By Doug McIntyre
FOX Sports Soccer Writer
The Seattle Sounders made history Wednesday, when they became the first Major League Soccer team to win the CONCACAF Champions League with an emphatic 3-0 rout of Mexico’s UNAM Pumas.
In front of a raucous crowd of almost 69,000 fans at Seattle’s Lumen Field, Sounders forward Raúl Ruidíaz gave the hosts a lead they wouldn’t relinquish in the final minute of the first half.
Sounders take 1-0 lead on Raúl Ruidíaz’s 45th-minute goal
Seattle takes a 1-0 lead over Pumas in the CONCACAF Champions League final on this Raúl Ruidíaz goal coming off a deflection from the defender.
The Peruvian striker added another goal late in the second before Nicolás Lodeiro put the outcome beyond doubt with two minutes left to play.
Seattle — which tied Pumas 2-2 last week in Mexico City in the first leg of the home-and-home, total-goals series — snapped Liga MX’s streak of 16 consecutive CONCACAF titles. The Sounders also advanced to the next FIFA Club World Cup, becoming the first MLS team to compete in that event.
Nicolás Lodeiro adds to Seattle’s lead in closing moments
Nicolás Lodeiro puts the rebound shot into the back of the net in the 87th minute to give Seattle a 3-0 lead.
Here are three thoughts on Seattle’s unprecedented victory.
1. It took the Sounders, MLS’ best-run club, to make history.
Given the difference in payrolls between Mexico’s free-spending top clubs and their northern counterparts, which are bound by a comparatively minuscule salary cap, any MLS team was going to need a perfect storm of circumstances to claim the trophy.
The domestic league got it in the Sounders. Under longtime owner Adrian Hanuer, whip-smart general manager Garth Lagerwey and classy coach Brian Schmetzer, the Sounders methodically and intentionally established themselves as the class of the club game in the United States by doing things the right way. Their competence and stability have allowed Seattle to make four domestic finals and win two MLS Cups, a U.S. Open Cup and the Supporters’ Shield since 2014. They also play in as savvy a soccer market as there is in the U.S., drawing an average of 40,000 fans for league games.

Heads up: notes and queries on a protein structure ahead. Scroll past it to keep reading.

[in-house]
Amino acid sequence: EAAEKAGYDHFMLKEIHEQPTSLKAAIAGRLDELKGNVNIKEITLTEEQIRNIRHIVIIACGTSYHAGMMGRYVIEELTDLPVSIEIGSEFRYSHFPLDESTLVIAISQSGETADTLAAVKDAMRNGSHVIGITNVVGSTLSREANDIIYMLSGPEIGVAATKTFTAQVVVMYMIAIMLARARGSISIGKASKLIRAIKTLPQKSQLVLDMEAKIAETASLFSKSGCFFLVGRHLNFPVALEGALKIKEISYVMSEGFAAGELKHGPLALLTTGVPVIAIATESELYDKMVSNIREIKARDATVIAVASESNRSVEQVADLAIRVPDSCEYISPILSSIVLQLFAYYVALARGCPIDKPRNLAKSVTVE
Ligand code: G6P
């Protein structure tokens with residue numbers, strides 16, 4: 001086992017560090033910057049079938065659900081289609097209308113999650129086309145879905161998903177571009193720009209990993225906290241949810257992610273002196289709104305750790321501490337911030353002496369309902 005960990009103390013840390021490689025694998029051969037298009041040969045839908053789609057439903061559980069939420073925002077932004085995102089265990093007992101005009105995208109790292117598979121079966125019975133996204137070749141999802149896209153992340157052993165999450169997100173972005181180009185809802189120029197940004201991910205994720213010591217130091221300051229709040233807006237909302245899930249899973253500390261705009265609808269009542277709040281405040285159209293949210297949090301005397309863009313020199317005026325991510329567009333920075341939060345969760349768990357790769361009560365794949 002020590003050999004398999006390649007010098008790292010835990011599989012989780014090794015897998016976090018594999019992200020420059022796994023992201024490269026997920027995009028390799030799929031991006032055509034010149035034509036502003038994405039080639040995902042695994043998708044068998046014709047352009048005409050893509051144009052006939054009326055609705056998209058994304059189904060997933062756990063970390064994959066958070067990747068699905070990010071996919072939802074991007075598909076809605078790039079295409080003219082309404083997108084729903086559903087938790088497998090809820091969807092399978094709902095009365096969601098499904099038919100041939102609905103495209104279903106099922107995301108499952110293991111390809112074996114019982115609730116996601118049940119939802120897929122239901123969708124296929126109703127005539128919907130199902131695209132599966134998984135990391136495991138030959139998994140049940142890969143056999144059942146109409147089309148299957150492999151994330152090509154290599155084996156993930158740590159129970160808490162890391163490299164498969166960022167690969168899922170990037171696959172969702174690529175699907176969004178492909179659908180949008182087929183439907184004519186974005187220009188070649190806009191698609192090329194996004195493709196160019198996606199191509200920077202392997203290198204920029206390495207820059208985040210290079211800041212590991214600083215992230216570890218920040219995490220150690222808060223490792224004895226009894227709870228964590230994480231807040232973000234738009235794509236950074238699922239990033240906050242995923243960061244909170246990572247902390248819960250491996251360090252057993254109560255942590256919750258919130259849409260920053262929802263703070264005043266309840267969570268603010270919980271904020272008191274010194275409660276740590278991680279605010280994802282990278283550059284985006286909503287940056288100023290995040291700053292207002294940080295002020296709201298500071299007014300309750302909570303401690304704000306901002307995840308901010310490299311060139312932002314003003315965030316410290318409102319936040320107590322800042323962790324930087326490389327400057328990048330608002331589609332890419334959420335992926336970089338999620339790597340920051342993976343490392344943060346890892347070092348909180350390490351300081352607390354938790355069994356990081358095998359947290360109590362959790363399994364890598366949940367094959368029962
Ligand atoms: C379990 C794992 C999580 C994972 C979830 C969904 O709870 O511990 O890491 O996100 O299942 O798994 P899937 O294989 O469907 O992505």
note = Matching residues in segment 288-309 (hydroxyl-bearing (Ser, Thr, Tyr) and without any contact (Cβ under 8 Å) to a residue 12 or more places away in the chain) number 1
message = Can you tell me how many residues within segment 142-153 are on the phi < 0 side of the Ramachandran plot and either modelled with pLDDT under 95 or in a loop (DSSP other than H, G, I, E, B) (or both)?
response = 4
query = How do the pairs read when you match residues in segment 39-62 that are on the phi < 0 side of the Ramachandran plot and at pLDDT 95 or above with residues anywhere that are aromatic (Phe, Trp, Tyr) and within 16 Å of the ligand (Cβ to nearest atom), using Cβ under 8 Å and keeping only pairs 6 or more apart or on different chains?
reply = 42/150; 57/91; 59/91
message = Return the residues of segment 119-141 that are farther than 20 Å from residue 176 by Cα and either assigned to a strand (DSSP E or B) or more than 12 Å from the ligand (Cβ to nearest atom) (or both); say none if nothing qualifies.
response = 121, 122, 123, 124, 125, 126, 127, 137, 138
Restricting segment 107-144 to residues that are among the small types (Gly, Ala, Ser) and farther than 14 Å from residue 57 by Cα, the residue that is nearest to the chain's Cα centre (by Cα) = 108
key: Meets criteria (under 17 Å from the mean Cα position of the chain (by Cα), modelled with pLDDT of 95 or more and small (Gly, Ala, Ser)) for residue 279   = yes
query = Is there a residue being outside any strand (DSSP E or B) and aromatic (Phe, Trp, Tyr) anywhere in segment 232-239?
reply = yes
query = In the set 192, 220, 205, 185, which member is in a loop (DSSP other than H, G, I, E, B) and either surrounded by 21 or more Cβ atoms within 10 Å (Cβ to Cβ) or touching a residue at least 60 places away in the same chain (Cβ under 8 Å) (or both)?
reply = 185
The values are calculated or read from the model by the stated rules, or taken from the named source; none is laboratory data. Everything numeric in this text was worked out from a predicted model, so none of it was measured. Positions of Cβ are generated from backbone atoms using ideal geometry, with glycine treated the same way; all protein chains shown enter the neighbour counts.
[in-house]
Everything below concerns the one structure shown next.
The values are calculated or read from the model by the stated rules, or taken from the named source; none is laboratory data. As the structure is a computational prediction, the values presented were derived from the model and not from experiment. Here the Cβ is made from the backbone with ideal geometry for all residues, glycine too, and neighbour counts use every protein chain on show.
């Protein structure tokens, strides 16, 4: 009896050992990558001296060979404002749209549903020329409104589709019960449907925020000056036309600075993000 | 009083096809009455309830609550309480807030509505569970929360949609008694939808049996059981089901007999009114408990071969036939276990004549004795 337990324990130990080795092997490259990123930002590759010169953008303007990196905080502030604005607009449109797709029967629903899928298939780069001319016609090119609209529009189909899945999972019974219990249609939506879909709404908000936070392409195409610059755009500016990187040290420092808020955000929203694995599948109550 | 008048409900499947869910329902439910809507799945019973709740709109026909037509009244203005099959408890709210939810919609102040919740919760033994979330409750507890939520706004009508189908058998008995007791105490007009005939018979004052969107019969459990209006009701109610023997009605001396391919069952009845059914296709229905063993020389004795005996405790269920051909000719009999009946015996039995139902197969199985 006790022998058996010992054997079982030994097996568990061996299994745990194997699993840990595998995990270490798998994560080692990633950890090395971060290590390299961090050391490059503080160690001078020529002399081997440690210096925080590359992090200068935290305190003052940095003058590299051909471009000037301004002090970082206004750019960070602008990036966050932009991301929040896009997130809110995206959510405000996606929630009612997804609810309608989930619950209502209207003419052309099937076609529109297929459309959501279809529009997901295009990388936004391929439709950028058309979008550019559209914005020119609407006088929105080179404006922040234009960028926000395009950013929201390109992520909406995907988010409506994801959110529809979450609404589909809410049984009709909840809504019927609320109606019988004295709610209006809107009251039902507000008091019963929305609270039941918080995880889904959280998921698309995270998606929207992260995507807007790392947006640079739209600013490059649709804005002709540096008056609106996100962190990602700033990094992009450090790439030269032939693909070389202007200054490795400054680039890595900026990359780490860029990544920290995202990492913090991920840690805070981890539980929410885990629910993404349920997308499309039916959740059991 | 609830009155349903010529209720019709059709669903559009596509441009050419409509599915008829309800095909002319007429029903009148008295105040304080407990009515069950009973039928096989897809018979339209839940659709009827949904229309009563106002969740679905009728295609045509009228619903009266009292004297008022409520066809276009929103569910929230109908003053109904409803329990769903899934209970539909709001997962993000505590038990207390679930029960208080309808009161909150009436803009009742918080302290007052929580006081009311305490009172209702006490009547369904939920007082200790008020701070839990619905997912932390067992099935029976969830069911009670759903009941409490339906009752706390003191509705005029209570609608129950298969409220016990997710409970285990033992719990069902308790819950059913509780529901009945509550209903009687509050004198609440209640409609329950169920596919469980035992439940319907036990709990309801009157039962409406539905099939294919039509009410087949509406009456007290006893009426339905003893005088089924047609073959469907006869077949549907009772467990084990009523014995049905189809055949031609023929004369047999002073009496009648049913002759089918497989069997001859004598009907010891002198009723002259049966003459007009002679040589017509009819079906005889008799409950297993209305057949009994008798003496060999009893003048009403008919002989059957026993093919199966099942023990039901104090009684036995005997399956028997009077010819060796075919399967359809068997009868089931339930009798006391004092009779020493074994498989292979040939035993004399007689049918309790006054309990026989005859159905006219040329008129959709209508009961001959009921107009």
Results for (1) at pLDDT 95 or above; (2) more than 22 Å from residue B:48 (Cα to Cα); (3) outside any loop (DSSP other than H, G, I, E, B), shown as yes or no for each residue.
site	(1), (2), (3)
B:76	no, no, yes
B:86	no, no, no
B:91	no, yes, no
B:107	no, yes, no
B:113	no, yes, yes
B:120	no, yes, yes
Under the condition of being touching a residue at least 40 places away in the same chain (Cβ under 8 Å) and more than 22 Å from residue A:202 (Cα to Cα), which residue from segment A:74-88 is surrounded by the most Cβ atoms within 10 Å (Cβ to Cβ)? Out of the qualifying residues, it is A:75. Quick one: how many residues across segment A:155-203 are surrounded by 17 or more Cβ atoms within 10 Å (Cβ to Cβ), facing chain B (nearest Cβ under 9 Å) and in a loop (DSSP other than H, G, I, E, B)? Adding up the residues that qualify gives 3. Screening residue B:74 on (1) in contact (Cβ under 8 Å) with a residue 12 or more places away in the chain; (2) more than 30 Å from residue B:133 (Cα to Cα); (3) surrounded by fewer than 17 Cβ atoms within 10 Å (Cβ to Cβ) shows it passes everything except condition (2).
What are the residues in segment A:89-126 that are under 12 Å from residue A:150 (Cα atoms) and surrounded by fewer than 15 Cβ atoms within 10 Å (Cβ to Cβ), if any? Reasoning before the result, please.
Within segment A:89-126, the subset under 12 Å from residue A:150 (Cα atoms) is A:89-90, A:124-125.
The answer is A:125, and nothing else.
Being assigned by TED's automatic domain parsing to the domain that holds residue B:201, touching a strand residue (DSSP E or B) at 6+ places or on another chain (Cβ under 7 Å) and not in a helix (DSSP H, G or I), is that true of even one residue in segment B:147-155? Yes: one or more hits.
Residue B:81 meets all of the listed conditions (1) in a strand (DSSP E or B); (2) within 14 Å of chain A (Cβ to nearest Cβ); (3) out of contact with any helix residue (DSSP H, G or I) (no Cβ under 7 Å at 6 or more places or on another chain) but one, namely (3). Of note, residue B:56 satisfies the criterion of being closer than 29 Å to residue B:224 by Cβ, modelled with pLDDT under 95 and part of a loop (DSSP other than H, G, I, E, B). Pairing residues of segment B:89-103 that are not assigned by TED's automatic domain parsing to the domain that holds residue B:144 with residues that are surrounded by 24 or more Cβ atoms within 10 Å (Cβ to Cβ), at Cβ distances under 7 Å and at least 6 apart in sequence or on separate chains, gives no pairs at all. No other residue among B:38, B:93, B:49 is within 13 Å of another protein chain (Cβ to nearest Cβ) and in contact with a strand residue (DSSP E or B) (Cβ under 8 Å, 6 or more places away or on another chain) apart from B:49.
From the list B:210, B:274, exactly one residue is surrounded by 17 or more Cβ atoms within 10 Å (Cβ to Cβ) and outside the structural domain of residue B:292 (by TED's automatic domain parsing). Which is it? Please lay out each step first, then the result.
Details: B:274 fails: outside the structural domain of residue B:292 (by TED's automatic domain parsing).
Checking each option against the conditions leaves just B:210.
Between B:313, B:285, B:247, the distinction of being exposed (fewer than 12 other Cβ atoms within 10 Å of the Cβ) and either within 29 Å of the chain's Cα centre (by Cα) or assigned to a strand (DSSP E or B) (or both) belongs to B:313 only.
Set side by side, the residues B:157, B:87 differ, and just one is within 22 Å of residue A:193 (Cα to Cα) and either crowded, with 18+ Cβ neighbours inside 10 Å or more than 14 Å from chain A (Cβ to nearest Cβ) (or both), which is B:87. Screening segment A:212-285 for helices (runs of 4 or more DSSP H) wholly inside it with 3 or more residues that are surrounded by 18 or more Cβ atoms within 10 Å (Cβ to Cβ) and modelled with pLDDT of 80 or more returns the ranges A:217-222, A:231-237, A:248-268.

“The passion is so strong in the city for our game,” goalkeeper Stefan Frei said afterward. “It’s the reason why we have such a high standard.”
Since arriving from small-market Real Salt Lake in 2015, Lagerwey has targeted the Champions League. He slowly built the deepest roster in MLS around Frei, University of Washington product Cristian Roldan and Seattle-born Jordan Morris. Lagerwey also lured Lodeiro, Ruidíaz, Albert Rusnak, other foreign-born stars and proven MLS role players to the Pacific Northwest.
While other clubs chased glamorous names, Seattle got more value by recruiting talented, high-character, lesser-known players looking for a long-term home and something to prove.
“Raul is a killer, in a good way,” said Schmetzer, who, along with team owner Hanuer, is a Seattle native. “And you can call Nico a franchise player.”
With Ruidíaz and Lodeiro leading the way, the Sounders made two of the past three MLS Cups, winning in 2019, and reached the Leagues Cup final last season. That experience helped throughout Seattle’s run to regional glory.